- Holidays and Celebrations
As October 31 draws closer, tacky websites and e-mail chain letters will start circulating the internet, warning parents to watch out for the dangers of Halloween. While letting your kids run from door to door and eat whatever people give them used to be completely innocent, recent years have seen an increase in watchfulness and fear on the parents' part.
Fortunately, most of these threats have been vastly inflated and are actually nothing to worry about. They are urban legends, which, by definition, are not true. They play on people's fears that bad guys want to harm our little children. These urban legends include, but aren't limited to, the "Poisoned Halloween Candy", and the "Drugged Tattoo". Sometimes schools even catch on, and send warnings home with their students.
How to Spot a Hoax
If you receive an email or wind up on a web-page that warns you about Halloween, you will be able to tell that it isn't true by looking for two details:
1. A typical alarmist warning will probably have some writing that is in all caps. "PLEASE TAKE THIS VERY SERIOUSLY!!!!" or "FORWARD THIS TO EVERYONE YOU KNOW-- IT MAY JUST SAVE A LIFE!!!!"
2. In the style of an urban legend, the message will not state any specific details- no time, location, or names will be given out. It will merely say something along the lines of "A journalist interviewed a convicted killer, and he said...", or "Police across the country have released warnings about poisoned Halloween candy...". The event may have happened to "An uncle of a friend of a friend", or "A woman who wishes to keep her identity a secret".
The Drugged Tattoo
This legend claims that drug dealers target school children with a rub-on tattoo, usually of a blue star or of Mickey Mouse, that contains LSD that can be absorbed through the skin. Sometimes these tattoos are reported to be laced with rat poison. If you have ever found evidence of any event like this happening, please forward me details on the location, date, and names of victims and police officers involved, because I have never found a documented case of this actually happening. It's just another Halloween hoax!
Another very common urban legend that always resurfaces around this time of the year is of the poisoned candy. Some reclusive, evil neighbor hands out candy tainted with arsenic, razors, tiny screws, or something else that can cause great harm or even death. This is a very common fear among parents, and newspapers and schools often send out warnings about this possibility.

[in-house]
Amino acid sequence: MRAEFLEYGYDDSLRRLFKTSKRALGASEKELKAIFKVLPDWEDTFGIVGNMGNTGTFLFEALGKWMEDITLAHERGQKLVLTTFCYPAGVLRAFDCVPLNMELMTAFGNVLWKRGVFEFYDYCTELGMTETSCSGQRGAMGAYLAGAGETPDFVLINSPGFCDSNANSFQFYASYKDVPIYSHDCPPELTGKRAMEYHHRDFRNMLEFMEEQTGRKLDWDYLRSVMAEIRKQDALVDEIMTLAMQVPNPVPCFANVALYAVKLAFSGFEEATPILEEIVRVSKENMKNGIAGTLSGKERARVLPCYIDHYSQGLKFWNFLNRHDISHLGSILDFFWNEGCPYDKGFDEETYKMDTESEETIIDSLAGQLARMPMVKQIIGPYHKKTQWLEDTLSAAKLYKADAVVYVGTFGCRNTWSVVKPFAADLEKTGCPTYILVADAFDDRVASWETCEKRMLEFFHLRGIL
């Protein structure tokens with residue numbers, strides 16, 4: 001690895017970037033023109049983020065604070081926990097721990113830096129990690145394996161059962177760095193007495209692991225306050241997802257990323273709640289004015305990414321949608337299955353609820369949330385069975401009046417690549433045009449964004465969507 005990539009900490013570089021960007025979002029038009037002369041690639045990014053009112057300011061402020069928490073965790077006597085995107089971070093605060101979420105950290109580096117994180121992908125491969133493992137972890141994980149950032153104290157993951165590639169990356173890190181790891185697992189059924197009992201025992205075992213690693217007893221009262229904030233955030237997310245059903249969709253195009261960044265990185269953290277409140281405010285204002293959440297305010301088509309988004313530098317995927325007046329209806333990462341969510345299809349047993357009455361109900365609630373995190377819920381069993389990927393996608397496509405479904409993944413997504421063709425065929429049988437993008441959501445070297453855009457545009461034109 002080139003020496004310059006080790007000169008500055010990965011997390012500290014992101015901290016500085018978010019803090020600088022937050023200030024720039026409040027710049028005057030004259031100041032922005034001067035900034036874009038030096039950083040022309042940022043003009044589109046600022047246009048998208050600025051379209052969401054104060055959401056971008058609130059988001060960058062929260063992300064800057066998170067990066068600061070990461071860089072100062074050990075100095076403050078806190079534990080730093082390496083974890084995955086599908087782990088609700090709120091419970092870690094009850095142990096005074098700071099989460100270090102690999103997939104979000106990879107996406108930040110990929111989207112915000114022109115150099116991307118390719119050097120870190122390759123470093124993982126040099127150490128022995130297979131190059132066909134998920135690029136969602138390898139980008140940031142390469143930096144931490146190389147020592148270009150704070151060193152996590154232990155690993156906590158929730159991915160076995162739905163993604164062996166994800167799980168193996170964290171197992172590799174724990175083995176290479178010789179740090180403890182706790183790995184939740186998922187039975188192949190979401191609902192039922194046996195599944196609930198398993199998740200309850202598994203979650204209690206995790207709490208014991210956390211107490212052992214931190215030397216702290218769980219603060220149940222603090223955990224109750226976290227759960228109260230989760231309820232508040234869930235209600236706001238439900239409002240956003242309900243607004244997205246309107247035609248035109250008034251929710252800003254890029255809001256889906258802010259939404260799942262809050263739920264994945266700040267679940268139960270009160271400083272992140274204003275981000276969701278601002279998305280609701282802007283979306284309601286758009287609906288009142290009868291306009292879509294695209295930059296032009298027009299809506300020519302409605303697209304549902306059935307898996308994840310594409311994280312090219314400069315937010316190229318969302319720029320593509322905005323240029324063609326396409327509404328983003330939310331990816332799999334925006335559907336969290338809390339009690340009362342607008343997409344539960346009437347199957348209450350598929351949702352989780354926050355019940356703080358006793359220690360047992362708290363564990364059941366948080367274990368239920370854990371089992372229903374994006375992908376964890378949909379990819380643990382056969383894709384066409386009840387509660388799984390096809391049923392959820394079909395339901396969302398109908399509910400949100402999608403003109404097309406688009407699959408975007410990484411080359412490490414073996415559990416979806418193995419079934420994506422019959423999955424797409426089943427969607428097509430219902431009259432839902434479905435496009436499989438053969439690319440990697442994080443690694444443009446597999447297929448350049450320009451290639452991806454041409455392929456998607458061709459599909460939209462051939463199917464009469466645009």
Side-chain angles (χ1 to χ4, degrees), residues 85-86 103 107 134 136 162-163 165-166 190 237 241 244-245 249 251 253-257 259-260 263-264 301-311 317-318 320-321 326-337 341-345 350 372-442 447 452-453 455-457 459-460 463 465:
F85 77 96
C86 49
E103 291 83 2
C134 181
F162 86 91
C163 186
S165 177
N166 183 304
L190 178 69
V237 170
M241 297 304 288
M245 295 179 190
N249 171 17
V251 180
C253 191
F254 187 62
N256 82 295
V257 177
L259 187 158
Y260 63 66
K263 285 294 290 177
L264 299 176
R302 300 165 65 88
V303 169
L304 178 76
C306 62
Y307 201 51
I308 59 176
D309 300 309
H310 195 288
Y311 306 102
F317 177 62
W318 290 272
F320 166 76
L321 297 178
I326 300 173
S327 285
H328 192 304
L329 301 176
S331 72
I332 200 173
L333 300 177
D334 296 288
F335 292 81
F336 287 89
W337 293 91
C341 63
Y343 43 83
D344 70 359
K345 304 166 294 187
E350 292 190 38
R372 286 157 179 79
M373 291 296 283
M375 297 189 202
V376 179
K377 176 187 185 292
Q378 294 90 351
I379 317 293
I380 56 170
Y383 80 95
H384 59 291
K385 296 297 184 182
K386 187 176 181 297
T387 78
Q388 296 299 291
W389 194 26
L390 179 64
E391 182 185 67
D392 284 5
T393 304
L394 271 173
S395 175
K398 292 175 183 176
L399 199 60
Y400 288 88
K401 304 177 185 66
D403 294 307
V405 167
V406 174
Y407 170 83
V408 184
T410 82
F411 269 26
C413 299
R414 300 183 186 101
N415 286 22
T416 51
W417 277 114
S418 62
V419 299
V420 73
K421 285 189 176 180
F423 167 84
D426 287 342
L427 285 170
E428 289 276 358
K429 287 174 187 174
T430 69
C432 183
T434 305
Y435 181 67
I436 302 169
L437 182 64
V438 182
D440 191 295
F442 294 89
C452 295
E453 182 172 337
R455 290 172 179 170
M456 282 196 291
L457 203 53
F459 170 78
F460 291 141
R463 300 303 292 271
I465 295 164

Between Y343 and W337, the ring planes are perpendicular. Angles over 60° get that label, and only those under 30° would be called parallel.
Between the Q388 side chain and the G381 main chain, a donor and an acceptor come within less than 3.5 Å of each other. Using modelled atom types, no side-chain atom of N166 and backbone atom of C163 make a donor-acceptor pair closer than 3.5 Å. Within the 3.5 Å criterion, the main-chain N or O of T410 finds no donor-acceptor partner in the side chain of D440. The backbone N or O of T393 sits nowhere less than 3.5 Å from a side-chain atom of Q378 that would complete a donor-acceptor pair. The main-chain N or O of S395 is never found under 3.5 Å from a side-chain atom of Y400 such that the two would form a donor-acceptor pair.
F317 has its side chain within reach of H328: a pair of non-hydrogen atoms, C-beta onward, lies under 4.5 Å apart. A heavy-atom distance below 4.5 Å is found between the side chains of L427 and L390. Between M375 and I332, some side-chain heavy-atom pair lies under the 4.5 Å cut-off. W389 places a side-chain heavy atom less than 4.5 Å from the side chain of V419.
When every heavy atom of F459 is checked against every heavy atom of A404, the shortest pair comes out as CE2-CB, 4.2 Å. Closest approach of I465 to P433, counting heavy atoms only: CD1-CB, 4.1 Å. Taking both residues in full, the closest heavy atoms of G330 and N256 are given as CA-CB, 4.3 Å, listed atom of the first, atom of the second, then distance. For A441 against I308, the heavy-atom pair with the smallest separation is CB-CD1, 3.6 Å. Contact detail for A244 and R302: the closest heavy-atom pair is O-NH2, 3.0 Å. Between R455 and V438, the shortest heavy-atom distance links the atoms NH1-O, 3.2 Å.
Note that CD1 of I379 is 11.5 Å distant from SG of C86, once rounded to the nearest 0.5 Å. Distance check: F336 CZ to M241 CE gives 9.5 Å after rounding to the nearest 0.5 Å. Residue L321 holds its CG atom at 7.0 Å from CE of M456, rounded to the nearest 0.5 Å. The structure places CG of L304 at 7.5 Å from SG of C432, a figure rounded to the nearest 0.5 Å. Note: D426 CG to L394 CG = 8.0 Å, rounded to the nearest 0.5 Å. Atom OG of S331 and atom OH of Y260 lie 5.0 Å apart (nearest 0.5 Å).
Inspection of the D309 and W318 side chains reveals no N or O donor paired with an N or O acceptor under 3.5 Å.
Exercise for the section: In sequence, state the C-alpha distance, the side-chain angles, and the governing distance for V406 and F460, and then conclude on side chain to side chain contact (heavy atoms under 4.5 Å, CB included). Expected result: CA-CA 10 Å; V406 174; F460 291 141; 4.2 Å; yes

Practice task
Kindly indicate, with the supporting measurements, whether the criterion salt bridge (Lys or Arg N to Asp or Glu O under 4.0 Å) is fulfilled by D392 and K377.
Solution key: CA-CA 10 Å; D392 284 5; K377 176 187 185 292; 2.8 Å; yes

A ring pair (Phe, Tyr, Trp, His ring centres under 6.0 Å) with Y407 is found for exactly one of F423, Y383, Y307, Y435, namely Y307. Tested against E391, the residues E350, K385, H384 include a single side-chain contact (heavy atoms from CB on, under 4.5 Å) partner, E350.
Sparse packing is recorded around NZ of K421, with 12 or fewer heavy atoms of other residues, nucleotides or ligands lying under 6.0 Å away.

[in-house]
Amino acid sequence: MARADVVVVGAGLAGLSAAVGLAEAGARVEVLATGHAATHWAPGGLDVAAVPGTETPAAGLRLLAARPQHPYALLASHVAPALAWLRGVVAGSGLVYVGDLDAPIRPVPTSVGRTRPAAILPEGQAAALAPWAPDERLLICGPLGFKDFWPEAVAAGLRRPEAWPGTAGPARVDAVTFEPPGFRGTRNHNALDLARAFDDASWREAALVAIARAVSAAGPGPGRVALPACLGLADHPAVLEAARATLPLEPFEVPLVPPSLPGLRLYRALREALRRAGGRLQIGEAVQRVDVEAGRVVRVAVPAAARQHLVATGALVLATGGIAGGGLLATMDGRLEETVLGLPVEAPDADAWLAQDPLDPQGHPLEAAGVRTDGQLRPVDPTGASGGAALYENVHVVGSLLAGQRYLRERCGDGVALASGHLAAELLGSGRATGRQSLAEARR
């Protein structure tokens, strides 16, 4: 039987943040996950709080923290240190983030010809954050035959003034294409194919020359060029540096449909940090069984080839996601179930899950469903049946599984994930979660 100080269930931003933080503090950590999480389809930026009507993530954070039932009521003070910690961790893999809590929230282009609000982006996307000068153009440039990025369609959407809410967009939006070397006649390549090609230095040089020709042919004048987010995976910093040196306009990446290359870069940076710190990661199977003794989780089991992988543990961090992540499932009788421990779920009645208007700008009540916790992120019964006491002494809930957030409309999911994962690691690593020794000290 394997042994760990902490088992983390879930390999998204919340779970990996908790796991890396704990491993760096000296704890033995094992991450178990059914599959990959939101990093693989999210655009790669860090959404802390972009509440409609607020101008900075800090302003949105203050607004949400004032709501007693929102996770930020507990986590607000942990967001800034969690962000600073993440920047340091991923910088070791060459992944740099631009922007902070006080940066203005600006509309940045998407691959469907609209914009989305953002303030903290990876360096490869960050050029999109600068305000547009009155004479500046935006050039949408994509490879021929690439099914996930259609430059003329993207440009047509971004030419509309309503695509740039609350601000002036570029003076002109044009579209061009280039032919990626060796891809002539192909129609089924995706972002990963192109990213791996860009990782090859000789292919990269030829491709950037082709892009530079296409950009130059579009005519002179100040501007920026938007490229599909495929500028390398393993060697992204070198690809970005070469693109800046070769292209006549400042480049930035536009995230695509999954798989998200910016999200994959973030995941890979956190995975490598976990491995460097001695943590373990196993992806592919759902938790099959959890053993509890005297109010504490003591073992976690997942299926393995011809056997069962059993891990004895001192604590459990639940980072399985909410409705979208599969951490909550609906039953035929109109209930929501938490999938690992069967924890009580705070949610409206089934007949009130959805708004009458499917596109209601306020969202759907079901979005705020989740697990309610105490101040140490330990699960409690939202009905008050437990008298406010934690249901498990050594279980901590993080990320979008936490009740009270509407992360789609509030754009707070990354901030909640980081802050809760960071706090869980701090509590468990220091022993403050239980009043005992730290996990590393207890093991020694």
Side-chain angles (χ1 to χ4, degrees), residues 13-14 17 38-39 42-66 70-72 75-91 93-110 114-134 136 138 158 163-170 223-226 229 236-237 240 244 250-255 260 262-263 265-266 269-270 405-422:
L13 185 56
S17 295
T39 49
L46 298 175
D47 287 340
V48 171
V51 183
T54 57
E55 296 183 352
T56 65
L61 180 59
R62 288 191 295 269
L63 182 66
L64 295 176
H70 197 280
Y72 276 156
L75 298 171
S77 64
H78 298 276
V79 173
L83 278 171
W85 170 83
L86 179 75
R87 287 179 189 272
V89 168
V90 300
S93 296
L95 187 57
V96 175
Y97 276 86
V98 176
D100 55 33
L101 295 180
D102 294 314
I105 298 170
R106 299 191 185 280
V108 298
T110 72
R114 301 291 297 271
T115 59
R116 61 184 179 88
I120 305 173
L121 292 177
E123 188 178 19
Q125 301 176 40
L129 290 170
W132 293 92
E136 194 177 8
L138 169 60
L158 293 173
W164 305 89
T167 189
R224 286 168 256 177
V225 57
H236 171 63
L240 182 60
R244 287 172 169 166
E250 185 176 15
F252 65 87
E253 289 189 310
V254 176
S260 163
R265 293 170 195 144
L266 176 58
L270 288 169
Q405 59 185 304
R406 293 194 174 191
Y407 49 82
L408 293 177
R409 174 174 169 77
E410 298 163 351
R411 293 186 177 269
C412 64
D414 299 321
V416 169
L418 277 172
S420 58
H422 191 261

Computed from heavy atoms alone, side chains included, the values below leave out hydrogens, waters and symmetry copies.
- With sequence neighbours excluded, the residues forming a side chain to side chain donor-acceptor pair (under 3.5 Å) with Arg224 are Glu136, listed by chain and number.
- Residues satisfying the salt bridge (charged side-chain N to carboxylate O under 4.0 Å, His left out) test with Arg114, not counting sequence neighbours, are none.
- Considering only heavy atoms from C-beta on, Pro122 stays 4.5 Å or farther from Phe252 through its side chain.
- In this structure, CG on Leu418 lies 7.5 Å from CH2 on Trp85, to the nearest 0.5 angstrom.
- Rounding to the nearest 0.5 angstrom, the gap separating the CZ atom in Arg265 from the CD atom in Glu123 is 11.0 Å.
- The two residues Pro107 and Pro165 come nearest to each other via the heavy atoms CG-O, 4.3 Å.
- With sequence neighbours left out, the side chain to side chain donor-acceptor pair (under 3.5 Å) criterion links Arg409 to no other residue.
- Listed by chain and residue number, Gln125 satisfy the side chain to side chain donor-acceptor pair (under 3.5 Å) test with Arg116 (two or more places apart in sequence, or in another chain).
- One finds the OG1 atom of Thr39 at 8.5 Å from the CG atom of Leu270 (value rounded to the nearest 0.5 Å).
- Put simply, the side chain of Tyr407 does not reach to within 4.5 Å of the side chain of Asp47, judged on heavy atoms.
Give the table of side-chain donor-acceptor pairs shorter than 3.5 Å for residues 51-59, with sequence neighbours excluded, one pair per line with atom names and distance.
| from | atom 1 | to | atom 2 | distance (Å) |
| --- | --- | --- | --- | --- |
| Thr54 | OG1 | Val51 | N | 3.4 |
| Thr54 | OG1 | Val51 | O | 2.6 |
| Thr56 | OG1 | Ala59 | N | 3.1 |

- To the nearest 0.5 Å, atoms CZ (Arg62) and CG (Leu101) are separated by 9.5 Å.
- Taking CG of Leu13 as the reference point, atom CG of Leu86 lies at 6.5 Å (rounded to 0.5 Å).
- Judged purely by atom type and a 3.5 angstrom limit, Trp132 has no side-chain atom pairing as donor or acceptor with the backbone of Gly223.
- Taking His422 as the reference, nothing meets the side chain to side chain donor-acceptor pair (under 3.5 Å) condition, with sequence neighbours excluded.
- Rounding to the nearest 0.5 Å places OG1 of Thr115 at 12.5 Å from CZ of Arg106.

You will probably hear about this myth in some form or another, involving any range of imaginable poisons. However, I do not believe there has been a documented case of this happening, ever. No evil neighbor has knowingly poisoned hoards of children by taking advantage of this holiday.
The only story that is remotely similar to this is of Ronald Clark O'Bryan (a.k.a. The Candyman), of Texas, who intentionally poisoned and killed his son with Halloween candy in order to claim life insurance money in 1974. This man was executed, but the event led to awareness about the possible dangers of trick-or-treating, and several cities implemented Halloween safety programs.
Halloween Safety Tips
1. Check all of your children's candy before eating. Throw away anything with a broken or distressed wrapper. Don't eat anything that isn't store-wrapped (eg. homemade cookies, popcorn balls, etc.)
2. Don't let your kids trick-or-treat alone, and don't stay out after most other people have finished trick-or-treating.
3. Sometimes local hospitals offer to x-ray your candy to screen it for foreign objects, so you may want to take advantage of this.
4. Tell you children that if anything tastes funny, they should spit it out and save it in case you end up needing evidence.
Of course, I've not advocating that you don't take any precautions, but I think you should think carefully before becoming alarmed, spreading the message, or spoiling the fun of this holiday for the children. Year after year, stories like these will continue to surface, but unless there is concrete evidence that someone in your area was charged with a crime targeting random trick-or-treaters, I wouldn't worry.